Behind the muzzle, the CP33 includes a set of fiber-optic super-low-profile post and notch iron sights that are designed to be out of the way of any mounted optics. This is because the entire top of the CP33 features a monolithic Picatinny rail. I found that if a shooter isn’t running a brace, then a pistol optic like a Holosun HE507C or Trijicon RMR on the lowest possible mount made for the most natural-feeling setup.
Under the front sight, the Kel-Tec CP33 features an M-Lok slotted dust cover that is the perfect length not to fit any of the M-Lok rail segments I had on hand. So I needed to modify one by cutting off one of the alignment notches and only using a single mounting bolt. I wouldn’t normally advise this since it compromises the rail’s mounting strength. But since the CP33 is only chambered in .22lr, I took that risk, and it paid off handsomely. The Streamlight TLR-10 Flashlight I mounted on the handgun never budged, and its laser held zero after a few hundred rounds.
Alternatively, a shooter could buy a super short rail segment or an accessory that directly mounts to the M-Lok slot.
But be advised, a hand-stop or angled grip are completely fine, but a vertical grip can get you in hot water with the ATF if you don’t have a tax stamp for the little polymer pistol.
Behind the dust cover, the CP33 features the iconic Kel-Tec molded grip pattern on its oblong grip. Despite the grip’s appearance, it’s actually fairly comfortable to hold, and it positions the shooter’s hands perfectly to toggle the ambidextrous safety lever behind and above it. But there’s one thing conspicuously absent between the grip and the trigger – a magazine release.
That’s because the engineers at Kel-Tec decided to depart from the gun’s overall very futuristic appearance and incorporate an old-school European-style heel release at the bottom of the grip. (Not unlike the one found on the Walther PPK.) I’m not normally a fan of this setup, but given that the CP33 isn’t a combat pistol, it doesn’t bother me.
Above the grip, the CP33 features an Ambi bolt release with which some shooters have reported issues. But the example I reviewed – which wasn’t a T&E from the factory, but a gun I bought at a local shop – never had an issue with the release whatsoever.
At the very back of the handgun is the charging latch that takes more than a few notes from both the AR-15 and the HK MP7 PDW. It’s non-reciprocating, which is awesome, but it is made of very thin steel with polymer handles at the rear. And to be honest, its construction doesn’t inspire tremendous confidence. And if that really bothers you, there’s a cottage industry of aftermarket parts makers who now offer more robust all-aluminum charging latches.
Now that you know everything about the gun and its features let’s talk about how the gun actually ran.
After 1,000 rounds of various types of .22lr ammo, including a half dozen different varieties of standard and high-velocity 22LR ammunition, the Kel-Tec CP33 encountered around 30 malfunctions in my testing. Half of these were first-round failures to chamber either during the first 200 rounds fired through the gun or after a hundred or so rounds fired suppressed. The former is because the gun needs a little break-in period, while the latter is 100% due to excess carbon build-up from running the gun suppressed.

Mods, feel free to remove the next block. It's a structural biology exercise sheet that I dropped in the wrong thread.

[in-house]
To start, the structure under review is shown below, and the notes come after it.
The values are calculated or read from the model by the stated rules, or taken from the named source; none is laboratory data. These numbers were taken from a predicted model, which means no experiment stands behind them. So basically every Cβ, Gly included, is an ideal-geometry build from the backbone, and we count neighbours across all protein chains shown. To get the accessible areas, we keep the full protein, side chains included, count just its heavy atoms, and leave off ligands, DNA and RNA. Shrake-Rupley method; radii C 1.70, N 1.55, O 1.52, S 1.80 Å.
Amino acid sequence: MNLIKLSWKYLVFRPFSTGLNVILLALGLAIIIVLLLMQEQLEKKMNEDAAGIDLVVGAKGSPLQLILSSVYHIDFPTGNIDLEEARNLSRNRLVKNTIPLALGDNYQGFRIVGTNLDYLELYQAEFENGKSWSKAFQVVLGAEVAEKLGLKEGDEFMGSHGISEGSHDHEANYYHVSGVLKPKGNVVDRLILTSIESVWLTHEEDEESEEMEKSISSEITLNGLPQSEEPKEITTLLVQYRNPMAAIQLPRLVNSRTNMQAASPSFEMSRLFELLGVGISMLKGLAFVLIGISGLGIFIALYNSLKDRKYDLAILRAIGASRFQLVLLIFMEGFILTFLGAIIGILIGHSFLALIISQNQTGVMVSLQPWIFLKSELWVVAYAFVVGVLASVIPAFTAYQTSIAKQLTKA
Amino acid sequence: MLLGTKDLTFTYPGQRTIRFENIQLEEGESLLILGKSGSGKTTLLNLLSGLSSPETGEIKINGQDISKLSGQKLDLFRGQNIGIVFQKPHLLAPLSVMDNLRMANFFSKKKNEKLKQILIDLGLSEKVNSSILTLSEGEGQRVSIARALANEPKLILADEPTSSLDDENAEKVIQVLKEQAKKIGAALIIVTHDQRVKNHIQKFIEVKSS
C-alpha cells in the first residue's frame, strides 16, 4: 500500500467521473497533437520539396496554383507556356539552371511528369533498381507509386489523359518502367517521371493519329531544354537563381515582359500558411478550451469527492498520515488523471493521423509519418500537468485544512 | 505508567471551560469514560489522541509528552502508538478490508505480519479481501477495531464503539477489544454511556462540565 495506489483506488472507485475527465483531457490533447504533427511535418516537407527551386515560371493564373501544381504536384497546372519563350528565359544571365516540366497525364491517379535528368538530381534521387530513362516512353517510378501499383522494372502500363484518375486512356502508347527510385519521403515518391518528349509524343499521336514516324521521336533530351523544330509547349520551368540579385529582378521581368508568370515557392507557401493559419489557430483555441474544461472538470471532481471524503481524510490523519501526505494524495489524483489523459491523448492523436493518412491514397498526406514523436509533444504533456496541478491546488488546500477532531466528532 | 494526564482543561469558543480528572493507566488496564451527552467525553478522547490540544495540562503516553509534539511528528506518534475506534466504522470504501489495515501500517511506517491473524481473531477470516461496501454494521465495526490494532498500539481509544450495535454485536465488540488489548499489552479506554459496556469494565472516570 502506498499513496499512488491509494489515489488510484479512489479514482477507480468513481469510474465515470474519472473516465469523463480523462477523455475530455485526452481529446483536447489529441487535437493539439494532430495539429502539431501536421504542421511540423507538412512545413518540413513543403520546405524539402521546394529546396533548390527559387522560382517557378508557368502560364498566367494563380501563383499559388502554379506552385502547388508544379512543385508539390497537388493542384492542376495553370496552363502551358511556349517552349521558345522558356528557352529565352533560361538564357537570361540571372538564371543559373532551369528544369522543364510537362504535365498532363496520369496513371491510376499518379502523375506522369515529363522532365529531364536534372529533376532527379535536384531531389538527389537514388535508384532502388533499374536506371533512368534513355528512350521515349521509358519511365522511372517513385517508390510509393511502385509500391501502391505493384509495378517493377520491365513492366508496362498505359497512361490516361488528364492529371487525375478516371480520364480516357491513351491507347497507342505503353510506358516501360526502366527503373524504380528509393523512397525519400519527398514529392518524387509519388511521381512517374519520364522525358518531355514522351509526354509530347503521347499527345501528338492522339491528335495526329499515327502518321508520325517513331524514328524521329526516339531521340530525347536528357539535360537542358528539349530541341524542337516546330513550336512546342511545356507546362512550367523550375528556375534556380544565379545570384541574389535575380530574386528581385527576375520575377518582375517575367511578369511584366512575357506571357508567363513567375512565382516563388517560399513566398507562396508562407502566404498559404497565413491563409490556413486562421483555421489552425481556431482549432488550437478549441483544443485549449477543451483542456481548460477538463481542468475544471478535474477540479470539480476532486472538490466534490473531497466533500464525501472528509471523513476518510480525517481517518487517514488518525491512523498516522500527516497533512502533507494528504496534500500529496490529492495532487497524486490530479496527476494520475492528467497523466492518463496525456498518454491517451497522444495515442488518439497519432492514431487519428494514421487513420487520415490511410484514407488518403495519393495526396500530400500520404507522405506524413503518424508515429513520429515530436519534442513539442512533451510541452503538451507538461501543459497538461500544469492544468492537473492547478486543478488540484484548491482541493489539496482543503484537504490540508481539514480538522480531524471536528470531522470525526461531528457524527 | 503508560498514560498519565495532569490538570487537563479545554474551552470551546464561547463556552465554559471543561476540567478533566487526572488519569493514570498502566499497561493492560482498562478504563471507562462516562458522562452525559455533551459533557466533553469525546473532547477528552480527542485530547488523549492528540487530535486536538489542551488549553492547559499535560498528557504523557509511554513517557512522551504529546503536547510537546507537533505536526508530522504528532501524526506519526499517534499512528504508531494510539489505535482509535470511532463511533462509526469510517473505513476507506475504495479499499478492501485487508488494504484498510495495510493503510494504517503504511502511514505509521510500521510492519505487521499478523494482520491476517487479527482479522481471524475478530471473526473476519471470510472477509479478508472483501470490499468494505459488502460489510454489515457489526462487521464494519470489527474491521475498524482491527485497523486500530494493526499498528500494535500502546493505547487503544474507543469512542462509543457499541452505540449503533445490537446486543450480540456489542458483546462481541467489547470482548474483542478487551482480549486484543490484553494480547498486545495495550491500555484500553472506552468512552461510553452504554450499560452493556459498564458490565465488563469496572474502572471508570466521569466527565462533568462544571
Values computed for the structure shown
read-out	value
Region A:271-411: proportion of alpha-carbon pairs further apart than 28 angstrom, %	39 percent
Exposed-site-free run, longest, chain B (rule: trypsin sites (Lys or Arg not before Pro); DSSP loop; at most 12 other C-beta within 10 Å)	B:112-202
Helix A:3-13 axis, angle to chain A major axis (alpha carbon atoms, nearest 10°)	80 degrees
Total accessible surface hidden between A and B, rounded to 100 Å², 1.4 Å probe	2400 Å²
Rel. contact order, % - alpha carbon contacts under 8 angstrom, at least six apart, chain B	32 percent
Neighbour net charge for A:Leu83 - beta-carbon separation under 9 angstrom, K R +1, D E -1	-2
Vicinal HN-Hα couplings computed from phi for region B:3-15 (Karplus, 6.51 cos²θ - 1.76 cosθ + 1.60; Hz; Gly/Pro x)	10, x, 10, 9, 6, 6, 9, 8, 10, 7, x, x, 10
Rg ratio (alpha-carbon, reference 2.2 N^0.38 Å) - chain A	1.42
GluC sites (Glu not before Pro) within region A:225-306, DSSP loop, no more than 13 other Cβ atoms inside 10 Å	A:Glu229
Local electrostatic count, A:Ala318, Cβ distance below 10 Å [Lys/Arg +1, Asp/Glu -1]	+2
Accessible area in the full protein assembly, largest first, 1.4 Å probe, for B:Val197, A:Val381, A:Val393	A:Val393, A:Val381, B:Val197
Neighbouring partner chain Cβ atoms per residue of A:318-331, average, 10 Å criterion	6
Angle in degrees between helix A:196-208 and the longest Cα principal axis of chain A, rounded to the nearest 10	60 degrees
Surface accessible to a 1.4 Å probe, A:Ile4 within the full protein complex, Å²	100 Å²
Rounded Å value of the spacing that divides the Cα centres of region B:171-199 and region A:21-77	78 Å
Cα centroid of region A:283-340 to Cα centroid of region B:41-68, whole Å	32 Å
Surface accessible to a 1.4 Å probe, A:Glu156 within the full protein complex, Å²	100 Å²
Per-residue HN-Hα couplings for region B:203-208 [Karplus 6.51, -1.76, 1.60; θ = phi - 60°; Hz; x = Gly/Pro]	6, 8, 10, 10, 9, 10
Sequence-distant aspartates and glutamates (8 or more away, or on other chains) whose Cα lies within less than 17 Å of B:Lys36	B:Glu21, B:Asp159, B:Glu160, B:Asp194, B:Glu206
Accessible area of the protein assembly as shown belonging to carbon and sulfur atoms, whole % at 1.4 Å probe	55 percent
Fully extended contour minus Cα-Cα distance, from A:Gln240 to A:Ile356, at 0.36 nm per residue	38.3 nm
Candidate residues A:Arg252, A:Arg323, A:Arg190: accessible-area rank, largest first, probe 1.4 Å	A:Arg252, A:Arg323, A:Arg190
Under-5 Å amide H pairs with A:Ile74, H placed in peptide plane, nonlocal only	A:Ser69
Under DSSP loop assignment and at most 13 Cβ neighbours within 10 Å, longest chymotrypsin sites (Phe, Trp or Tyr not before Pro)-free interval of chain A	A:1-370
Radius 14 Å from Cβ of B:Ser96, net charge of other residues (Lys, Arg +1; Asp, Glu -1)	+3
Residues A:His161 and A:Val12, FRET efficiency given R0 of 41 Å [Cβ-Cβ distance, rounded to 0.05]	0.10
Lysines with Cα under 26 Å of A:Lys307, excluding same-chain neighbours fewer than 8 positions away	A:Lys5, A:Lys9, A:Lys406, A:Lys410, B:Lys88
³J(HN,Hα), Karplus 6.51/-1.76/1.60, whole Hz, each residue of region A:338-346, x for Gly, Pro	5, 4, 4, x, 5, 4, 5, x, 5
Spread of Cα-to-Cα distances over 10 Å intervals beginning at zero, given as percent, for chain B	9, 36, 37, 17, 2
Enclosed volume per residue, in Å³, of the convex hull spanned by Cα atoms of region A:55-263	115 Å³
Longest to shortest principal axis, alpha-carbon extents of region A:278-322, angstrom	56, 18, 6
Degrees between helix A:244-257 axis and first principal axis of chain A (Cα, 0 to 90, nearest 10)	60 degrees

Interestingly, the gun never malfunctioned on the first round when using the bolt release.
Accuracy was good, bordering on great, with the Kel-Tec CP33 easily capable of hitting targets out to 100 yards with a reflex sight attached. Though I suspect the gun would be infinitely more capable with a low-powered magnified optic and a stabilizing brace attached. But as it comes, the CP33 makes short work of tin cans, squirrels, and clay pigeons out to 50 yards.
Kel-Tec CP33 Space Gat Verdict
So, is the futuristic polymer pistol worth a buy? With an MSRP of $475 (and in my experience, street prices are much lower), the Kel-Tec CP33 Pistol is a solid deal that, when babied a little bit, runs like a champ. Yes, the magazine can be problematic if not loaded properly, but with some practice, the CP33 makes a solid plinking pistol that would work well in a role as a hiking gun or varment pistol. Its looks might not appeal to everyone, but for those of us who dream of blasting cyborgs beneath neon signs in a rain-soaked Neo-Tokyo, the CP33 is pretty damn slick.
Product Seen in this Review:
- Kel-Tec CP33 Pistol in .22lr
- Kel-Tec CP33 22LR 33rd Magazines
- Holosun HE507C Optic
- Trijicon RMR Optic
- Streamlight TLR-10 Flashlight
- 22 Long Rifle Rimfire Ammo
About Jim Grant
Jim is one of the elite editors for AmmoLand.com, who can wield a camera with expert finesse in addition to his mastery of prose. He loves anything and everything guns but holds firearms from the Cold War in a special place in his heart.
When he’s not reviewing guns or shooting for fun and competition, Jim can be found hiking and hunting with his wife Kimberly and their dog Peanut in the South Carolina low country.